2. Cheryl Hyman is our new Chancellor. Welcome aboard (stifles yawn…old news).
3. HR News: Inggrid Yonata of the President’s Office was hired to a position of “Coordinator,” promoting her from Temporary Support Staff. I don’ t know what it means, but she’s great and I’m sure whatever it is she’s coordinating will be more than adequately coordinated. Love to see great people get gigs here.
4. No resignations or terminations. Not really anything else to report. There is something about a change to the Policy Manual in regard to Graduation Gradepoint, but there’s no link so I don’ t know what it is. Maybe you know?
5. The meeting was mercifully adjourned.
If you’d like to learn more about blogging or podcasting or wikis or the latest and greatest tech gadgetry for teaching, then you should attend the FREE Technology in Education Conference, hosted by our very own Blackboard Maestro, Ephrem Rabin.
The conference will run on Friday, April 9th from 8 to 4:30, and you can register by clicking on this link.
It’s easy and takes about 4 seconds. Click it.
There’s been a flurry of school news lately. Layoffs are starting to hit districts across the state, as the state money crunch, and Governor Quinn’s proposal to slash education spending by $1.3 billion is becoming more real by the minute. We just found out from our daughter’s Principal that the States “Pre-School for All” program was among the items cut from the state budget this year, and they have no money for music either. And, apparently CPS is changing its menus.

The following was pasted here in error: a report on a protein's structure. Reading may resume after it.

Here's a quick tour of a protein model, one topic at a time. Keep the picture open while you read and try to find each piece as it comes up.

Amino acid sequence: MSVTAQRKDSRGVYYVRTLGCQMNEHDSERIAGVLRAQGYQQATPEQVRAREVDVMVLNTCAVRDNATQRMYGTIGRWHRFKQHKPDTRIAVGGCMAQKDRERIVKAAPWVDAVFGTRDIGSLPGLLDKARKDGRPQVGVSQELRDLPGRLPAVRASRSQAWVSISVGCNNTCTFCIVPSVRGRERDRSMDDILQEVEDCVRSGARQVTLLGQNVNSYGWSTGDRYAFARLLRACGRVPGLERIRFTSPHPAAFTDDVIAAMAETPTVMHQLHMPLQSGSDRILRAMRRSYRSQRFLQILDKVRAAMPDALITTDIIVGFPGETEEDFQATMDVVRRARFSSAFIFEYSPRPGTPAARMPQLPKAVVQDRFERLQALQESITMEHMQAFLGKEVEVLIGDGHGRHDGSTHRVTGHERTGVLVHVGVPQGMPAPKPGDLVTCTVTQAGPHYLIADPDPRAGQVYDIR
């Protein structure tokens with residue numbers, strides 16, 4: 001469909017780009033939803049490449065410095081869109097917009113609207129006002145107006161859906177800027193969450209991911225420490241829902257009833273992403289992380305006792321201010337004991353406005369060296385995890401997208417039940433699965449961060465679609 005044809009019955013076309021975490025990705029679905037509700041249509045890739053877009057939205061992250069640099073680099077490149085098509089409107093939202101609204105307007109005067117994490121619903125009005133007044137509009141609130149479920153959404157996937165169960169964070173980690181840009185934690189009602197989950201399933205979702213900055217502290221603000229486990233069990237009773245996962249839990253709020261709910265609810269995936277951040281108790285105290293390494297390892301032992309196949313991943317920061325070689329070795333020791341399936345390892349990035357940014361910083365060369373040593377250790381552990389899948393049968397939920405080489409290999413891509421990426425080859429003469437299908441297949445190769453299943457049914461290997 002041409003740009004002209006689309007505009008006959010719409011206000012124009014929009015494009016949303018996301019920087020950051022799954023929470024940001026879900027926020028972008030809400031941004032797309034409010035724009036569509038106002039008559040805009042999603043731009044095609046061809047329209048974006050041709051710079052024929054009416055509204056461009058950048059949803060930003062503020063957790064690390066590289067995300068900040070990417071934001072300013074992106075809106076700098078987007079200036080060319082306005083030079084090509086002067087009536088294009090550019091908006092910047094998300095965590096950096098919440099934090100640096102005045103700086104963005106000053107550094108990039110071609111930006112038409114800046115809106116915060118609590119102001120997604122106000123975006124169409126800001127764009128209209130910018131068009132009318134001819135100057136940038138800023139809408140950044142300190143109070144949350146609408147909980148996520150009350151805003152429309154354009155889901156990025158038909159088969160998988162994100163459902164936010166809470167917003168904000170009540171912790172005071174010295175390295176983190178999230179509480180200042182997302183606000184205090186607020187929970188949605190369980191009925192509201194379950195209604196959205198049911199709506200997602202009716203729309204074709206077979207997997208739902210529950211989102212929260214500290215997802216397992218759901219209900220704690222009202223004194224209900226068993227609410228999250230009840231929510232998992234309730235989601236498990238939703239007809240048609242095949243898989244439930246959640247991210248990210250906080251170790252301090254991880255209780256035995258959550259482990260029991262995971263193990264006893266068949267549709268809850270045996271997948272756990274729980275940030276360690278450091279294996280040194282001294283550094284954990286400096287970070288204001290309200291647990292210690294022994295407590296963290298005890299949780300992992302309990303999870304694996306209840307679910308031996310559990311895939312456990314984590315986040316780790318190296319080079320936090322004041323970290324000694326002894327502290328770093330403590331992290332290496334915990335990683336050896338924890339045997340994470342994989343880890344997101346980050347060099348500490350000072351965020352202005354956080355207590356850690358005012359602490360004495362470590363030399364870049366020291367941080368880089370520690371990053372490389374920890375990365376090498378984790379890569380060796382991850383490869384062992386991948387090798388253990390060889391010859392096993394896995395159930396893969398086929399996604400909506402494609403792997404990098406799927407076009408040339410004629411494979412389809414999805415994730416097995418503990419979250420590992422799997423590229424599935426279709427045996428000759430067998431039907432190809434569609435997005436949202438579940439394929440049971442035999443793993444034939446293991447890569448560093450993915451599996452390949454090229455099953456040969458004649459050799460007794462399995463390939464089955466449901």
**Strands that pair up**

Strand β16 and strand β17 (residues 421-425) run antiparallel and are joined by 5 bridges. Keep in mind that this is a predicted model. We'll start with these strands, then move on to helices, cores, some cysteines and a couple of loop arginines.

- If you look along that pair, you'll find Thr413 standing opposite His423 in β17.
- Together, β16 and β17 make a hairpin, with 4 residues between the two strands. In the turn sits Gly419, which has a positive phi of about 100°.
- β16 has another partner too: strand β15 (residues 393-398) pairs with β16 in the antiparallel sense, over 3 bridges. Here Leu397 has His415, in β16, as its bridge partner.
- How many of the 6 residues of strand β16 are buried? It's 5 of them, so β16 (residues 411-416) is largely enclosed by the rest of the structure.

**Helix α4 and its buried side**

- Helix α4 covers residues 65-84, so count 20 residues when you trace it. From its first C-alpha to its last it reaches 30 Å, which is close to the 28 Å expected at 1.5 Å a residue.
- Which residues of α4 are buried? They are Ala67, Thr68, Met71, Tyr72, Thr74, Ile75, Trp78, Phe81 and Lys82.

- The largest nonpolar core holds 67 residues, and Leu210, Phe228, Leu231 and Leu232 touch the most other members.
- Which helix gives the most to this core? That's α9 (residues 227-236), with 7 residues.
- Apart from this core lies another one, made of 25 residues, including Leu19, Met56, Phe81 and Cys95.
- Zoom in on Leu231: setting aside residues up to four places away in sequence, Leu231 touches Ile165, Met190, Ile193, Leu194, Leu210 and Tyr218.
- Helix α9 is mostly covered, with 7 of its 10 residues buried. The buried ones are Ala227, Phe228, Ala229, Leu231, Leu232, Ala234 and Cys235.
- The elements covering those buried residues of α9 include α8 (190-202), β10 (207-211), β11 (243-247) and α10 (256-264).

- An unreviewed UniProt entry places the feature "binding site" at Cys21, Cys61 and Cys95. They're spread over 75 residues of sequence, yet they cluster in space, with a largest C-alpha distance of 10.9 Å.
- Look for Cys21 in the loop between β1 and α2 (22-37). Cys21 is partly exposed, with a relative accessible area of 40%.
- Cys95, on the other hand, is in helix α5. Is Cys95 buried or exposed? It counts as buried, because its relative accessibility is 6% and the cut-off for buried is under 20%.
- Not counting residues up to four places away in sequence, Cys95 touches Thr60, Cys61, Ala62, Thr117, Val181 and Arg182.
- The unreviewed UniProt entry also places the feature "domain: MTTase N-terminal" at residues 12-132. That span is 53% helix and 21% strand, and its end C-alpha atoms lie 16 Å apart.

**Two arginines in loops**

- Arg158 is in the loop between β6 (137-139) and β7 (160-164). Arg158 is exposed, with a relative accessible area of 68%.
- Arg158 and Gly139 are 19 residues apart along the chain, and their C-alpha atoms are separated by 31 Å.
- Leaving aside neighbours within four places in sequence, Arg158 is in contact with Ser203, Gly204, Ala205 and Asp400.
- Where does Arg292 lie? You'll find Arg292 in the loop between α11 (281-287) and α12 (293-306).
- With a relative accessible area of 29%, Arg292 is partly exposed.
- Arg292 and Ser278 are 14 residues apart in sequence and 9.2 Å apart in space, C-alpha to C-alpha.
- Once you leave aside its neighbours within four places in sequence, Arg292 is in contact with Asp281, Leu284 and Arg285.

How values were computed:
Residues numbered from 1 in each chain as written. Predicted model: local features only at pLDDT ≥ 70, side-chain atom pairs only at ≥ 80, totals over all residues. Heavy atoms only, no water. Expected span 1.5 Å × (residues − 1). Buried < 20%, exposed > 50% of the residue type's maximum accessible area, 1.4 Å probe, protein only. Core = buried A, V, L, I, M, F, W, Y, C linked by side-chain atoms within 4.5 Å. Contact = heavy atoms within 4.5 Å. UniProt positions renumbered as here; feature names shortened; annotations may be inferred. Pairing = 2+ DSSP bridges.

As noted to be a possibility right here on the Harold awhile back, the four day week has been floated and passed the House. It probably won’t happen in Chicago, though, since neither the Mayor nor the CPS Union wants anything to do with it.
One glimmer of hope amidst the economic carnage is the fact that an increase in Pell Grant spending was attached to the Health Care Reform bill, and the feds will spend an additional $36 billion over the next ten years. There was also quite a bit of money attached for Community Colleges, though not as much as had originally been proposed by the President (or hoped for by the colleges).
Still, we’ll take any good news we can get, right?
Former HW student, Crystal, rocked the stage again last night, doing Joplin, no less. Voting is announced tonight, I believe.
Website Wednesday is a regular feature in which we highlight one (or a couple) of sites from the Billions floating around the Intertoobz that just might help you with your Herculean task of educating inquiring minds. Any and all suggestions for future editions are welcome.
Ever wish you had an easy to use listing of museums around the world that included brief descriptions of the museums as well as links to their home sites (and collections)? Looking for images? Looking for information? Looking for a way to procrastinate?
Well, here you go. Check it out. Like taking an art tour around the world. Or around the U.S. Or around Oregon.
Hours of fun.
h/t to Ivan Tejeda for turning me on to this one…
T.Y.B.O.T. Tuesday is a regular feature, highlighting a practically useful, active learning strategy that you can implement tomorrow. Any and all suggestions are welcome. T.Y.B.O.T. appears on the last Tuesday of each month.
THE STRATEGY: Cocktail Party Review
Necessities: Mood music (I prefer Jazz, usual Miles Davis’ Kind of Blue)